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What It's Like To Live With Sleep Paralysis

Having experienced what I now know to be sleep paralysis since childhood, I first passed it off as severe nightmares. But when it struck again in adult life, I quickly realized the limitations of this diagnosis.

It is notoriously difficult to write or talk about dream-like or semi-conscious states, so I will begin with the basics. In its broadest definition, sleep paralysis relates to a sensation of being unable to move or speak in the moments that follow waking up or, less commonly, falling asleep. This will often take the form of being conscious and aware of one's own surroundings, without being able to move, talk, or in some cases, breathe. It can be a one-off or a regular occurrence, and it's noticeably exacerbated by other sleep-related medical conditions, as well as anxiety and depression. Yet, people with no apparent mental health issues will commonly suffer from sleep paralysis too, with an estimated 7.6% of the general population experiencing it at some point in their lives.

I fall into the small category of people who have, at different times, suffered from sleep paralysis on a regular basis. These bouts struck throughout my childhood, and then again in my late teens and early 20s, and seemed to always correspond with times of stress and irregular sleep.

The sensation of paralysis is distressing, but it is the accompanying visions — often explained away as paranormal activity — that transform the condition into a source of acute dread and anxiety for many sufferers.

I will always remember a bewildering exchange with my doctor while I was still a student. Suffering from sleep paralysis on an almost nightly basis, I had decided to see whether there was a medical explanation or solution to the problem.

“I keep waking up and not being able to move and then this strange...”

“Woman appears in the corner of the room,” she replied.

Later, browsing through archive issues of The Lancet, one spine-chilling reader's letter from 1962 jumped out at me. Its description was an eerie echo of my own haunting experience. In it, M. D. Kaye wrote: "I also believed, falsely, that a close relative was [also] standing over my bed. She was looking down at me, leering, and held a knife poised above me, as if ready to strike."

Many sleep paralysis sufferers are also thought to experience hallucinations. These vary from sensations of floating and pressure being applied to the chest, to seeing a sinister figure appear in the room. The latter is so common that the condition has colloquially been referred to as the "The Old Hag" for centuries.

Many sleep paralysis sufferers are also thought to experience hallucinations. These vary from sensations of floating and pressure being applied to the chest, to seeing a sinister figure appear in the room.

Sleep paralysis is also the rational explanation given for supposed alien abductions, due to the vivid feeling it can evoke of having lost control at the hands of some sinister, all-powerful presence. In St. Lucia, it has been attributed historically to the souls of unbaptized children coming to haunt the living, and in the Middle Ages in Europe, sufferers believed that they were being raped by evil spirits. It’s a misdiagnosis to say sleep paralysis is just part and parcel of extreme nightmares, but in my experience, it would often follow bad dreams. I would feel a sense of relief from having woken up, which was then swiftly replaced by an even more intense dread upon realizing that I'm unable to move or communicate.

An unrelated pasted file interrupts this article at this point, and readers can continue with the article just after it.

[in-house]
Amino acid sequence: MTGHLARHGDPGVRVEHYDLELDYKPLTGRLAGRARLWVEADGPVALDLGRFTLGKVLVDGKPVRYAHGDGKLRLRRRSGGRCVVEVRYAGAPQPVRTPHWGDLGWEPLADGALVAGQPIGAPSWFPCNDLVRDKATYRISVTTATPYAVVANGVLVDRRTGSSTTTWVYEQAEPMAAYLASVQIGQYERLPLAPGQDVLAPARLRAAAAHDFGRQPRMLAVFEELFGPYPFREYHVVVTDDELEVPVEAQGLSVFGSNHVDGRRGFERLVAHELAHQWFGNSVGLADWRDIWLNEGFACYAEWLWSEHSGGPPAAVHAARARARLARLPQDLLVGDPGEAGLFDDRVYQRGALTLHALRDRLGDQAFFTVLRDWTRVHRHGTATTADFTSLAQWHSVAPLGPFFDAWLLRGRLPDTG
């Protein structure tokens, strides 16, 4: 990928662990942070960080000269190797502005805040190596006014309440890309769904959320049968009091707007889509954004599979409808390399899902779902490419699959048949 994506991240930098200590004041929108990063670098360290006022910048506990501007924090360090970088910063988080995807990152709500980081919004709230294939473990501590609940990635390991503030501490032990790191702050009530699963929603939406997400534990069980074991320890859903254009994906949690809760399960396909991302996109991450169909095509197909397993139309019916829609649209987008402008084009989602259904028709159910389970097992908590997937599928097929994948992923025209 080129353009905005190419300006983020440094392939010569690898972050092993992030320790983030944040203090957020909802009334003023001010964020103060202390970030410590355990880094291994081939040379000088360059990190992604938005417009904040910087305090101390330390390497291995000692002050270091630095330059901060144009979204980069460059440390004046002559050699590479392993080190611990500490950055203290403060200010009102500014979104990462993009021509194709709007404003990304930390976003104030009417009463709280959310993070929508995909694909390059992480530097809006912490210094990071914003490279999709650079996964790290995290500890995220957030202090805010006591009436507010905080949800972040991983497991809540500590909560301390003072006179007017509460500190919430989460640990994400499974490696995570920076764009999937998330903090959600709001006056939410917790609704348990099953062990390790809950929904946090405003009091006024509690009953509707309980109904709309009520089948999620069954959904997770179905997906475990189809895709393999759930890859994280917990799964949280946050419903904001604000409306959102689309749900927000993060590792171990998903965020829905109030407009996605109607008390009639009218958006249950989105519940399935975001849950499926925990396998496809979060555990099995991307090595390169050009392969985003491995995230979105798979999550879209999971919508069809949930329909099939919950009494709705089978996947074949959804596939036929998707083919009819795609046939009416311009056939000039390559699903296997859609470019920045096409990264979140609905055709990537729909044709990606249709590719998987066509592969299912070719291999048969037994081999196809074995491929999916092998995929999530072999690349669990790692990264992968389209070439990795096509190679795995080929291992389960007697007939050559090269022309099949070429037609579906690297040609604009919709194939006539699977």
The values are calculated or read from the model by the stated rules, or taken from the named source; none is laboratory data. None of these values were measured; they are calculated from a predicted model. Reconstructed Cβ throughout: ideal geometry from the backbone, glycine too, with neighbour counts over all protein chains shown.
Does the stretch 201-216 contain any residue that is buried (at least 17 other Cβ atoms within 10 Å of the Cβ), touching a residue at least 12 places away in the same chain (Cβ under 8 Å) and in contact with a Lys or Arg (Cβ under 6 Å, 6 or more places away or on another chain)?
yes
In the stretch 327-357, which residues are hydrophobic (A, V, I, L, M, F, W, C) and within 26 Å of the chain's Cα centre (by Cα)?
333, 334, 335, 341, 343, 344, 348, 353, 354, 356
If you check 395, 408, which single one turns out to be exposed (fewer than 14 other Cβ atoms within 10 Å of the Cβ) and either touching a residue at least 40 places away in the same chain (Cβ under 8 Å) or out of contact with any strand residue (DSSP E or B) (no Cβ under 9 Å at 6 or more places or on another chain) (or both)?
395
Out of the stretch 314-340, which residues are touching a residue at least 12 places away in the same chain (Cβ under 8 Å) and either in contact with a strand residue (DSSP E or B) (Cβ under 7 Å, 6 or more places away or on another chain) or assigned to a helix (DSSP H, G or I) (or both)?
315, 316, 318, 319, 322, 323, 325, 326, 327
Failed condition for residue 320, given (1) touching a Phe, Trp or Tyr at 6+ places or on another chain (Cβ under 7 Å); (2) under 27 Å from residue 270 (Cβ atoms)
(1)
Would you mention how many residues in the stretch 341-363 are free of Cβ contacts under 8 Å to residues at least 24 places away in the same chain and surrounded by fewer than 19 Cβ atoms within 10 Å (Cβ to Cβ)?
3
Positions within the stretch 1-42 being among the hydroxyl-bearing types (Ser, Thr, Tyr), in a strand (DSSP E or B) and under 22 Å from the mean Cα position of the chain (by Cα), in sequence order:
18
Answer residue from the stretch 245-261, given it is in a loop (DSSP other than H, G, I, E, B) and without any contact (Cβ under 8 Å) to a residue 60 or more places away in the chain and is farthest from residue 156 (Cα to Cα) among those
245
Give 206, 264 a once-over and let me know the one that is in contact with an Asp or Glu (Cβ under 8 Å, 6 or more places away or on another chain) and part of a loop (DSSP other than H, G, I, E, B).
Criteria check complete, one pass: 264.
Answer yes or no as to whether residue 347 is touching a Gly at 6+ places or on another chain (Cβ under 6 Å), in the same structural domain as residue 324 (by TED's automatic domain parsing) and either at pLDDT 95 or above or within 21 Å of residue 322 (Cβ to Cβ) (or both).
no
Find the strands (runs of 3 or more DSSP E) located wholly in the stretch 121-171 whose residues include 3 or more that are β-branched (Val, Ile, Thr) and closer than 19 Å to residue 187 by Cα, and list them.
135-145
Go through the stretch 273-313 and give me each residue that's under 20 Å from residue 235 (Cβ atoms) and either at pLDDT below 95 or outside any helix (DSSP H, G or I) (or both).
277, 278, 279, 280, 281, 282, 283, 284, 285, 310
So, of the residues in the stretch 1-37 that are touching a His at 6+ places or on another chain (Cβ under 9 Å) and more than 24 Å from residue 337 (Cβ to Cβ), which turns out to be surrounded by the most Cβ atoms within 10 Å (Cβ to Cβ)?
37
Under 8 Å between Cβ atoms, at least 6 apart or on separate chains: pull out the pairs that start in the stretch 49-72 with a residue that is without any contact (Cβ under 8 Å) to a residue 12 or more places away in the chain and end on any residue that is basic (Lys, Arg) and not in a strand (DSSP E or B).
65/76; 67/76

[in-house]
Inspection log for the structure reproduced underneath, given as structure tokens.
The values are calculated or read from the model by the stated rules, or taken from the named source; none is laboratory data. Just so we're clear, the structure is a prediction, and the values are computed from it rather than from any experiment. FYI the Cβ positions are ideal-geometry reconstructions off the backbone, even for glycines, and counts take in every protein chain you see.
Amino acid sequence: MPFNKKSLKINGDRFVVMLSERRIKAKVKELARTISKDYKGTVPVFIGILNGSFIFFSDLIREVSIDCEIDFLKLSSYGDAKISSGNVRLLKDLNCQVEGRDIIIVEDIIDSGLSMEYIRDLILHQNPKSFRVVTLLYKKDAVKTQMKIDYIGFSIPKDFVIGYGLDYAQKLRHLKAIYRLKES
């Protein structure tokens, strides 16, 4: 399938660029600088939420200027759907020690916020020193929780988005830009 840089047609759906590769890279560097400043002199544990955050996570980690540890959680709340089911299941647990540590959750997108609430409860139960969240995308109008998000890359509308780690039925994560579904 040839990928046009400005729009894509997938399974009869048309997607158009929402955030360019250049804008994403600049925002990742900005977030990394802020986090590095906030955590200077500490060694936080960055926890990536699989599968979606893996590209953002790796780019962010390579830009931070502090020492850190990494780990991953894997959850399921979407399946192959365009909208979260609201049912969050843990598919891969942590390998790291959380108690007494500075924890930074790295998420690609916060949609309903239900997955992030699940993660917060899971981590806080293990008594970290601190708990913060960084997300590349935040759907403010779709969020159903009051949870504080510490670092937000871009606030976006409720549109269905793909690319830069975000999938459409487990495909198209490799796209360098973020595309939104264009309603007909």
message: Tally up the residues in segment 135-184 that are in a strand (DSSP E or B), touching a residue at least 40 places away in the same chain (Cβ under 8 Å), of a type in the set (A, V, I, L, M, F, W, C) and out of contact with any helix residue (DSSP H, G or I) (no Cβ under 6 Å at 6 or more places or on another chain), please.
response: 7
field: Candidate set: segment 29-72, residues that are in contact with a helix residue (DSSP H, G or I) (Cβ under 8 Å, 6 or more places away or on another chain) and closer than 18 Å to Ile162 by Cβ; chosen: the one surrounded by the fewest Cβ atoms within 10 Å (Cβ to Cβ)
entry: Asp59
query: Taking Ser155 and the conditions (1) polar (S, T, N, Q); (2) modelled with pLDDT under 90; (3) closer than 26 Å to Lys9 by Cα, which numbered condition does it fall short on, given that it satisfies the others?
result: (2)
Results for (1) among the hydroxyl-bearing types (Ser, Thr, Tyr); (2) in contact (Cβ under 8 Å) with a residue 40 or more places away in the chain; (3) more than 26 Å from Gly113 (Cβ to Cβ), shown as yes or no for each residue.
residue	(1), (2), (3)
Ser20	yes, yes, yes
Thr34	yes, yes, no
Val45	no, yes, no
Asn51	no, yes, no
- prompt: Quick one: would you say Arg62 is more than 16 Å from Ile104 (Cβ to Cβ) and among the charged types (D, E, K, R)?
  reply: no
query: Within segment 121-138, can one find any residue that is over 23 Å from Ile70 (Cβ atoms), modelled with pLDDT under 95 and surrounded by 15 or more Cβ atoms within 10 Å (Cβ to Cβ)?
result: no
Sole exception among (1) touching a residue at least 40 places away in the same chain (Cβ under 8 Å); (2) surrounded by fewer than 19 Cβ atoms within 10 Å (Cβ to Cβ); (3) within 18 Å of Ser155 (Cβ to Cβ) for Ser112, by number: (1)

Head of Anamalistic Psychology at Goldsmiths University, Christopher French, offers a physiological explanation for the phenomenon. Sleep paralysis occurs when we are still in the Rapid Eye Movement (REM) stage of sleep, either at the beginning or the end of the sleep cycle. Our muscles are paralyzed to prevent us from acting out our dreams, which ordinarily changes as we pass from sleep into a waking state. In sleep paralysis, sufferers wake up only partially, their muscles still incapable of moving, and flanked by dream imagery that mixes with their physical surroundings.

The same doctor who had predicted my hallucinations said that the tendency for sufferers to describe a hooded figure, often dressed in black, might be the work of an automatic rationalization process. Dark holes in our vision might readily be translated by the brain into human figures. The fact that these sinister apparitions are usually also women? Well, that might just reflect how deep our patriarchal assumptions run.
Beyond that, medical understanding of the condition is still sparse. And in fact, understanding of sleep in general is still surprisingly minimal. French also says that, medically speaking, sleep paralysis had gone largely unreported until recently, leaving a lot of people under the worrying misapprehension that it is symptomatic of a disorder connected to mental illness.

But this idea is widely refuted on the basis that sleep paralysis is so common. Sufferers aren’t mad, or at least if they are, that's an entirely separate issue. The best advice French offered is to sleep in regular patterns, and avoid shift work, long-haul flights, sleeping on your back, recreational drugs, and having kids. Or go about your life as you always have, and remember that if "The Old Hag" comes knocking, you just have to try and move your little finger to break the state of paralysis.

The key, French adds, is to relax. But with relaxation becoming an ever greater challenge in waking life, it’s a task that's easier said than done.